It seems like you are suggesting that I first determine which lights are the most important, then render all my geometry from the viewpoint of those lights. This seems like it would be a substantial performance hit, since I would be rendering a lot of geometry multiple times (once for each light). It would also play havoc with trying to sort all geometry in the scene by transparency, depth, material, texture, etc.

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Perhaps it would be best to meet somewhere in the middle. You wouldn't want to generate shadow maps for every little light in a room, but just for the one or two main lights of a scene. So you would probably want to identify the most important lights in the scene for shadow map generation. Then, for individual batches of geometry, I would probably go with whatever lights where most important to that batch. That way, if you had a scene of, say, a room with a grand chandelier and a bunch of small candles along the walls, The chandelier could be the only shadow caster, while the candles contribute light to the scene properly.

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Quote:
Original post by doctorsixstring
Basically, I want to know if it is better to render all visible geometry with a single set of lights, or with a large number of lights that are enabled/disabled depending on which chunk of geometry that is currently being rendered.

You may change the lightset for each Mesh it shouldn't hurt performance.


I'm sorry I wasn't clear, but I assumed you would go shadowmaps/volumes, in which case the processing of your scene is different.
See that article to have an idea.
(Basically you process the geometry within the light Area of Effect once per light, in order to get proper lite areas, it's not that different with shadowmaps since you need bind the correct shadowmap)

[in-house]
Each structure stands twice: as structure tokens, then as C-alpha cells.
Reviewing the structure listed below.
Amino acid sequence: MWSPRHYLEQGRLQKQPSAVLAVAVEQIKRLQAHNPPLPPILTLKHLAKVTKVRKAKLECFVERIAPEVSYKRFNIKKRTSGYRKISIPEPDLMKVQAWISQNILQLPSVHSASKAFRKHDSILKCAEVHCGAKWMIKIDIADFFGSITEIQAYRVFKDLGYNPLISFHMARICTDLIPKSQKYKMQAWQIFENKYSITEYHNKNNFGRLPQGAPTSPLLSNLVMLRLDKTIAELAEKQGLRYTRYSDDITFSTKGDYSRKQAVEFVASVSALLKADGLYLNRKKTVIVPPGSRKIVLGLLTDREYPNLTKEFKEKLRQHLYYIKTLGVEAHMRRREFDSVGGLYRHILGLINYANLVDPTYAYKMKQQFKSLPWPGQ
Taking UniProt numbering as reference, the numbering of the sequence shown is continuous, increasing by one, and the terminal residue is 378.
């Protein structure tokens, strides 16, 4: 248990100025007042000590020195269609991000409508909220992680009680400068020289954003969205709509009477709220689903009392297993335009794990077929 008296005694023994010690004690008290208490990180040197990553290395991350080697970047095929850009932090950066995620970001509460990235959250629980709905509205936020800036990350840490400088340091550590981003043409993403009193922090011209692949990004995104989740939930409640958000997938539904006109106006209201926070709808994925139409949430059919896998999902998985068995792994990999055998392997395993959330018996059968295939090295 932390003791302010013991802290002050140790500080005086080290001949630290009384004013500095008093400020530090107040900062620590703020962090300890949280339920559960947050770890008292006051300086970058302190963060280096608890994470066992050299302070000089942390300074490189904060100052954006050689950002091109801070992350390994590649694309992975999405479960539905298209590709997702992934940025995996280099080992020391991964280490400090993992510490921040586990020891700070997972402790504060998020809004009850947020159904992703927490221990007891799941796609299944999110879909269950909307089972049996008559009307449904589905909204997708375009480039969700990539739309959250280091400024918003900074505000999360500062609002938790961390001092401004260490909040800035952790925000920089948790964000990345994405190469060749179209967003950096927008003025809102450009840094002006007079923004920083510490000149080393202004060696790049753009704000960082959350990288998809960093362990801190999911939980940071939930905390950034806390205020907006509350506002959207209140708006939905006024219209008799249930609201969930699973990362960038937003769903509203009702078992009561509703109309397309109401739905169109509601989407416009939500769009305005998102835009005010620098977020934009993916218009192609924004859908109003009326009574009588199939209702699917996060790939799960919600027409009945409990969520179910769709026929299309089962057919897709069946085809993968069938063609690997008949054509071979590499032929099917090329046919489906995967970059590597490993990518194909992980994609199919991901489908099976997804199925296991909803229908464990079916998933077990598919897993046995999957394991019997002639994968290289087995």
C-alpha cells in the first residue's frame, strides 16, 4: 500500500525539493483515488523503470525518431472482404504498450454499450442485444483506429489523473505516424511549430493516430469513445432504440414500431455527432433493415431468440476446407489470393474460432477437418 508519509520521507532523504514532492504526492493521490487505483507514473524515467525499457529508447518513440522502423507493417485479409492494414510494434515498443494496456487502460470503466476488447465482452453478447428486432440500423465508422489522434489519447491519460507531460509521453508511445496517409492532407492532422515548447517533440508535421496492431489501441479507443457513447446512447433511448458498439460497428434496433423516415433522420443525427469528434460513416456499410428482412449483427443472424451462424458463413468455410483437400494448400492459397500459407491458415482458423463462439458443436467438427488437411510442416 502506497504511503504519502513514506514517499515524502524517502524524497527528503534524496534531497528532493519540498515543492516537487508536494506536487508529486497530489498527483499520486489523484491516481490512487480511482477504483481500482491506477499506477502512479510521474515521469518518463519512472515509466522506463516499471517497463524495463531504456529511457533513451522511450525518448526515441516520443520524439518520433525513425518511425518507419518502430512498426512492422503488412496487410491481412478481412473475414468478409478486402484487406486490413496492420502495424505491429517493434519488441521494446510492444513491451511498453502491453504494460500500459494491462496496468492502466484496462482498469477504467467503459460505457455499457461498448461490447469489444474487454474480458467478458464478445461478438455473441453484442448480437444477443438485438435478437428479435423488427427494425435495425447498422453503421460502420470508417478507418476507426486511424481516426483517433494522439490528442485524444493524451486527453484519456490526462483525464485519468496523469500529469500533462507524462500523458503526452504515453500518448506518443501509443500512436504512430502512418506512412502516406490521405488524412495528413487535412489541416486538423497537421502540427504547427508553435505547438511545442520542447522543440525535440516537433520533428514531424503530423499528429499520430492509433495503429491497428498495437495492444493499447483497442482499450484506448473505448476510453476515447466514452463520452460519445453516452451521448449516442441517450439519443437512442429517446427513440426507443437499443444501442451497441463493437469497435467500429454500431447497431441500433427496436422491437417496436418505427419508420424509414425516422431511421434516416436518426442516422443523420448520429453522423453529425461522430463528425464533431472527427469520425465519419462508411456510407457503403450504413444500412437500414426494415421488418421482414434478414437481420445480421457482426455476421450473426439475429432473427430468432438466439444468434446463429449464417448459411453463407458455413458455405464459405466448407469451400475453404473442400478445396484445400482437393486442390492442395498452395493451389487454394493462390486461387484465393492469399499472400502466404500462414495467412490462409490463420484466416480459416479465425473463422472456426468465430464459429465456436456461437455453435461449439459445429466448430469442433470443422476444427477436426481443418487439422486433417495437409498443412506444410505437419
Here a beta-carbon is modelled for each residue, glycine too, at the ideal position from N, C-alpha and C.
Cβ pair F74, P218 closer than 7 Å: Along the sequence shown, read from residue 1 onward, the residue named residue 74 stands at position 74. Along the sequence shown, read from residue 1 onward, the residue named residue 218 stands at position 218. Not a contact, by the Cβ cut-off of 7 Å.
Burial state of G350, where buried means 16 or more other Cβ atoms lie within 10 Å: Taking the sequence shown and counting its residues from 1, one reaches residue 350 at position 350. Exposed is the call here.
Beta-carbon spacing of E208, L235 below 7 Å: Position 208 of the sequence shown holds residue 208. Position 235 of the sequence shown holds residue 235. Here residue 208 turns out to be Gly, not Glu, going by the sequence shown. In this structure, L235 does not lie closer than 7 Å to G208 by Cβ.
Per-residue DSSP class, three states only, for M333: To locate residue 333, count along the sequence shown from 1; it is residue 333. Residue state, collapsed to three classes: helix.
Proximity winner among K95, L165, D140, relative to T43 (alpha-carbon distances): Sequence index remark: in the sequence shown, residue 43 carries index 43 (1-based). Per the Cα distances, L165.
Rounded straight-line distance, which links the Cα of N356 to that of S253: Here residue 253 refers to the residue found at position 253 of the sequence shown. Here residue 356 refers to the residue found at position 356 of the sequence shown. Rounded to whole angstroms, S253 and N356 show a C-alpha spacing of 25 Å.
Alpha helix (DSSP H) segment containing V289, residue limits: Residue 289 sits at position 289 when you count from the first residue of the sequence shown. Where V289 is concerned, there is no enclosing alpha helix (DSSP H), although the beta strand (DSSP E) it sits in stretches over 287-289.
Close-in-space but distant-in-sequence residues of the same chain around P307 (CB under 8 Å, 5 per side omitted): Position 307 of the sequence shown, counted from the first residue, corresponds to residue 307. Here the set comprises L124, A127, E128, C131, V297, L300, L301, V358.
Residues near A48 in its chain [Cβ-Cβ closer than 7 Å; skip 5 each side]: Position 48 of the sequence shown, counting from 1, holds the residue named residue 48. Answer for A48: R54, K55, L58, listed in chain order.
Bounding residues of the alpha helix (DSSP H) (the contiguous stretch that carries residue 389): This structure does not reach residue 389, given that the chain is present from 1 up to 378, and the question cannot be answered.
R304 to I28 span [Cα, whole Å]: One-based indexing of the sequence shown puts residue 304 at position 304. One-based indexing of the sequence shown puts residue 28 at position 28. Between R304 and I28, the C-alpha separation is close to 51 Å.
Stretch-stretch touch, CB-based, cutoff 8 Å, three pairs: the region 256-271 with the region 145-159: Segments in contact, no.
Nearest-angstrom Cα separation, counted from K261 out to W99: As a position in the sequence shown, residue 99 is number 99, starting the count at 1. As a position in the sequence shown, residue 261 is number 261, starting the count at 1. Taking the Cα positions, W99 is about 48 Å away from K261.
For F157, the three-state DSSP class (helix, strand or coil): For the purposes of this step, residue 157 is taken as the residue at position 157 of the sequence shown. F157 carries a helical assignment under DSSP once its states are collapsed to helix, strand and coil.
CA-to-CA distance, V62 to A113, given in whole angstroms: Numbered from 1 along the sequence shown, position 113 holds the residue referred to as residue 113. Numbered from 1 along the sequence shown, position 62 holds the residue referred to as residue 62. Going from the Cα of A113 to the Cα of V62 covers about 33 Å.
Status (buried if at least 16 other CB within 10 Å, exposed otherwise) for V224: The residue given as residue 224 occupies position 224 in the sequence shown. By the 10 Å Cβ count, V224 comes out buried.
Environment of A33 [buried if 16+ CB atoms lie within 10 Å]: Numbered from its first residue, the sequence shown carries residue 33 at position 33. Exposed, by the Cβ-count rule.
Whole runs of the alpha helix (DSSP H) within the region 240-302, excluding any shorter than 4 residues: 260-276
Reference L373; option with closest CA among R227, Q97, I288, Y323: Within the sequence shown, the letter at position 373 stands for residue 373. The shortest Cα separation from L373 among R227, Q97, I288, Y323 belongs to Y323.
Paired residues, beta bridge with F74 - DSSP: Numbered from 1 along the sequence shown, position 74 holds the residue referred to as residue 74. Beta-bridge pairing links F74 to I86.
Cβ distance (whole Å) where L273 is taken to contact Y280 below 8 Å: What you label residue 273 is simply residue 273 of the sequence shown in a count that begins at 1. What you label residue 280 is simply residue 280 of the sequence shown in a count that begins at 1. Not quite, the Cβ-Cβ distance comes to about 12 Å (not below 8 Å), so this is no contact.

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I may want to add support for more advanced techniques in the future, but for now, I just want to get a basic lighting system going.

Thanks for the info, though. I'll take a look at that article.

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I like the idea of being able to attach lights to nodes in the scene graph and then having them effect that node and all its children. David Elberly does something similar in Wild Magic 3.

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The idea is to choose lights based on the following rules:
- first we check distance: every light in a specific radius is considered a light source
- if the light source is in this radius, we check if its attenuation is high enough to exclude it from the list
- if the light source is in a specific radius and not attenuated enough to be ignored, we compare its distance to the distance of all other considered light sources and prioritize it based on distance
- then we check if it has a dominating color. If it is only white or greyish it does not have as much influence on the scene, as if it is colored ... so the later lights might get a higher priority
- then we check if it has a higher chromacity than the other lights that are considered as a light source

then we will have a list of lights with different priorities ... the first four - eight will be shown on the object ...

then there are shadows. We can assume that four shadow maps are pretty much ... right? ... so maybe you want those to end up always based on the priorities above at four lights that case shadows ... obviously shadows need to follow the light color here ...

... this is just a list of things you might consider if you think about a light manager. Maybe your priorities are different or you can exclude a few of the points of the list because your game do not need it.